Privacy

To Shred or Not To Shred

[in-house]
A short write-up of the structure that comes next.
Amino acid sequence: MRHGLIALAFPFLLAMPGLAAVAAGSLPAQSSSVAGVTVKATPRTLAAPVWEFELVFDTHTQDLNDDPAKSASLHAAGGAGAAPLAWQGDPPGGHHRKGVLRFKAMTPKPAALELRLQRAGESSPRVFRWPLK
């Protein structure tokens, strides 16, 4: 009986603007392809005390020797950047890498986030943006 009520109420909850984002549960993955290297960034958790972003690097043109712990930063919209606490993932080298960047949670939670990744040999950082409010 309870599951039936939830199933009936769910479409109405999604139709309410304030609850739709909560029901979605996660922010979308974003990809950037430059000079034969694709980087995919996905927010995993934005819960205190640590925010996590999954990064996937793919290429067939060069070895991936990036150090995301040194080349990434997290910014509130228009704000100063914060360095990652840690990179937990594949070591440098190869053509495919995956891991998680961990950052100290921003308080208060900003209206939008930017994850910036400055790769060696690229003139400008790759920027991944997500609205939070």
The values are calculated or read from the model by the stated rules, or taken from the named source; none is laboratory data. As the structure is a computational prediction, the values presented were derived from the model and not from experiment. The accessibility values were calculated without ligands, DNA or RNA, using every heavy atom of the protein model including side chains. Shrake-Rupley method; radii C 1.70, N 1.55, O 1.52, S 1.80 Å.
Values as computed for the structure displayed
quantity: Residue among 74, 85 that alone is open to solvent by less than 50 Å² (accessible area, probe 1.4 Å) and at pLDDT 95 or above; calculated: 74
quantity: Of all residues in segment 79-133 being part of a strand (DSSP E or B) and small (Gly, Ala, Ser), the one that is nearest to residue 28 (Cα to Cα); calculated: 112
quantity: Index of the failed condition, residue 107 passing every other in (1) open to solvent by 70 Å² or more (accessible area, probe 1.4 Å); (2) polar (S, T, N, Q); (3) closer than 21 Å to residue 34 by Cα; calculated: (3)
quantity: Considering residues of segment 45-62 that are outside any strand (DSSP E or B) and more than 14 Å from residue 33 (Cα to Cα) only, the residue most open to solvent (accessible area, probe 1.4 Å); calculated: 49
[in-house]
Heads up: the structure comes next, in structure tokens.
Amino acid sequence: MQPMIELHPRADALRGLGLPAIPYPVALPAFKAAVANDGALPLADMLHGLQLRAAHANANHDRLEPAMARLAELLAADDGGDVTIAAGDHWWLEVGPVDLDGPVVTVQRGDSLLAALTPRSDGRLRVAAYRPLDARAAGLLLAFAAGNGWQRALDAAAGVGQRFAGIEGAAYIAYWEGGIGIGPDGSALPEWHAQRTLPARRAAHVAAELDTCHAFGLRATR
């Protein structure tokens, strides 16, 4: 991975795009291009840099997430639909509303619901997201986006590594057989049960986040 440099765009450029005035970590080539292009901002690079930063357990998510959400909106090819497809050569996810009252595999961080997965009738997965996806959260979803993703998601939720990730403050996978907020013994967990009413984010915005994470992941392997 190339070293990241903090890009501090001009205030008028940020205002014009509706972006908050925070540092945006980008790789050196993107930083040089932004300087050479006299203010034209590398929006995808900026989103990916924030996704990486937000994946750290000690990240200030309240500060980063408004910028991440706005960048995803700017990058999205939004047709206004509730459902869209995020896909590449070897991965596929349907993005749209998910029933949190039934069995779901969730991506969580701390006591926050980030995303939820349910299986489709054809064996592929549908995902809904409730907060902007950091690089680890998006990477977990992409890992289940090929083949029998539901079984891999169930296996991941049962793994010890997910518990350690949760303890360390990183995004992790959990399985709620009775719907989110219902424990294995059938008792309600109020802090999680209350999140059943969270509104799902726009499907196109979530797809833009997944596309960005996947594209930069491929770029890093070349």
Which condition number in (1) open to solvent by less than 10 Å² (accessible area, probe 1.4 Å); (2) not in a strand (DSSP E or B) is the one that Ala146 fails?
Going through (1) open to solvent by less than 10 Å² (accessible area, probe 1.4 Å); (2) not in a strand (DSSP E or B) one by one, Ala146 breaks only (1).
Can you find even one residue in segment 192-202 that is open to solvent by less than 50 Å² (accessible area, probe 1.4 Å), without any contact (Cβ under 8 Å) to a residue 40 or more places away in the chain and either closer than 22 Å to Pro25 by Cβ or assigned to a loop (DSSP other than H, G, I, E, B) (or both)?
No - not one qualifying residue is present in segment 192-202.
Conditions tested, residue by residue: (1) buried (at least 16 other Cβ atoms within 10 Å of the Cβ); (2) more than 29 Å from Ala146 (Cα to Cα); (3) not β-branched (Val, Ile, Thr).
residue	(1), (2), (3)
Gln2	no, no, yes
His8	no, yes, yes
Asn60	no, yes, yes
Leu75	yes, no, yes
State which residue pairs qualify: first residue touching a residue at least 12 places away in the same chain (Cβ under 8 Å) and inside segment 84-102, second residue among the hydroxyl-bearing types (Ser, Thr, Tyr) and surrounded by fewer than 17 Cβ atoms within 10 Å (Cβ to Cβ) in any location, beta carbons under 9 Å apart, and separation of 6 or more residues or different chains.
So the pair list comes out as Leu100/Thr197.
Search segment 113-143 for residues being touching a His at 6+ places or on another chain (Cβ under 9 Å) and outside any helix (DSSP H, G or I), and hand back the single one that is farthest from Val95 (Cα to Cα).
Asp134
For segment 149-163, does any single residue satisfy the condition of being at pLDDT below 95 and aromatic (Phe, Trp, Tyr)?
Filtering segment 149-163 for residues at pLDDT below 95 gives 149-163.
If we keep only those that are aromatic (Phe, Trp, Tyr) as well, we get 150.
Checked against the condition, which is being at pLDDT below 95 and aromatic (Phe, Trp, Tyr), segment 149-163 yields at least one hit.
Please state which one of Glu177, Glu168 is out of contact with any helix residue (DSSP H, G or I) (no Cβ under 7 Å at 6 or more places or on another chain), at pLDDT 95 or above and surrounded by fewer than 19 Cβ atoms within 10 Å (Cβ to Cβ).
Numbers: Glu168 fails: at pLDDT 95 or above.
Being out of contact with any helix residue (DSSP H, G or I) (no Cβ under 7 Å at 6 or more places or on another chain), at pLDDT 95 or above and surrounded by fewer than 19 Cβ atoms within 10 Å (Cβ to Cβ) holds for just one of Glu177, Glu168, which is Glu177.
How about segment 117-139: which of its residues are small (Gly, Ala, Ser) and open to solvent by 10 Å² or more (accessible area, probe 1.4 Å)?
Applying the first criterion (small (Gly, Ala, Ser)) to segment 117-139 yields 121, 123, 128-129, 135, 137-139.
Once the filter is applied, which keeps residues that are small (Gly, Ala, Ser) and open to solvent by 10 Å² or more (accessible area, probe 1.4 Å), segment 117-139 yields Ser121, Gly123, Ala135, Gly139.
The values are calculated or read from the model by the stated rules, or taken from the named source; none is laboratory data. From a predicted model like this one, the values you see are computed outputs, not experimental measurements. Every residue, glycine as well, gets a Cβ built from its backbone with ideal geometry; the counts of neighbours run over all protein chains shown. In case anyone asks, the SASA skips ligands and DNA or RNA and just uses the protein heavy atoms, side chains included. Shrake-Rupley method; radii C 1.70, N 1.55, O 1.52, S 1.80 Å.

“Follow the document policy!” Those were the words repeated many a time by Arthur Anderson to Enron’s employees during the pending SEC investigation. Those simple words led to a jury’s finding Anderson guilty of witness tampering through the act of persuading his employees to destroy relevant documents. The jury found Anderson guilty of violating 18 U.S.C. §§ 1512(b)(2)(A) and (B), which makes it a crime to “knowingly us[e] intimidation or physical force, threate[n], or corruptly persuad[e] another person . . . with intent to . . . cause . . . ” that person to “withhold” documents from, or “alter” documents for use in, an “official proceeding.” The Fifth Circuit Court of Appeals upheld this decision. However, the Supreme Court reversed this decision determining that the jury instructions were improper. The Court focused on “what it means to ‘knowingly . . . corruptly persuad[e]’ another person ‘with intent to ... cause’ that person to ‘withhold’ documents from, or ‘alter’ documents for use in, an ‘official proceeding.’” The Court held that this language required a proof of consciousness of wrongdoing. The Court additionally found that the jury instructions provided by the district court did not adequately outline the requirement for the consciousness of wrongdoing. Besides not including the proper intent, the district court also misapplied the “corruptly” definition by leaving out the word “dishonestly” and inputting “impede” in place of “subvert or undermine.” “These changes were significant. No longer was any type of “dishonest[y]” necessary to a finding of guilt, and it was enough for petitioner to have simply “impede[d] the Government's fact-finding ability.” In addition, the Court noted that jury instructions did not require any finding of a nexus between the “‘persua[sion]’ to destroy documents and any particular proceeding.” Even though it is illegal to directly persuade someone to destroy documents in the face of a pending litigation, the Court wanted to emphasize that there is a requirement of knowledge about both a pending proceeding and the materiality of the documents to be found guilty of violating the witness tampering statute. Overall, because of the inaccurate jury instructions, the Court here reversed the decision so another jury could hear the evidence along with proper instructions in making their decision. Though this decision seems to make some room to get out of the witness tampering statute, it is always best to have a proper document retention policy and to not persuade any form of destruction.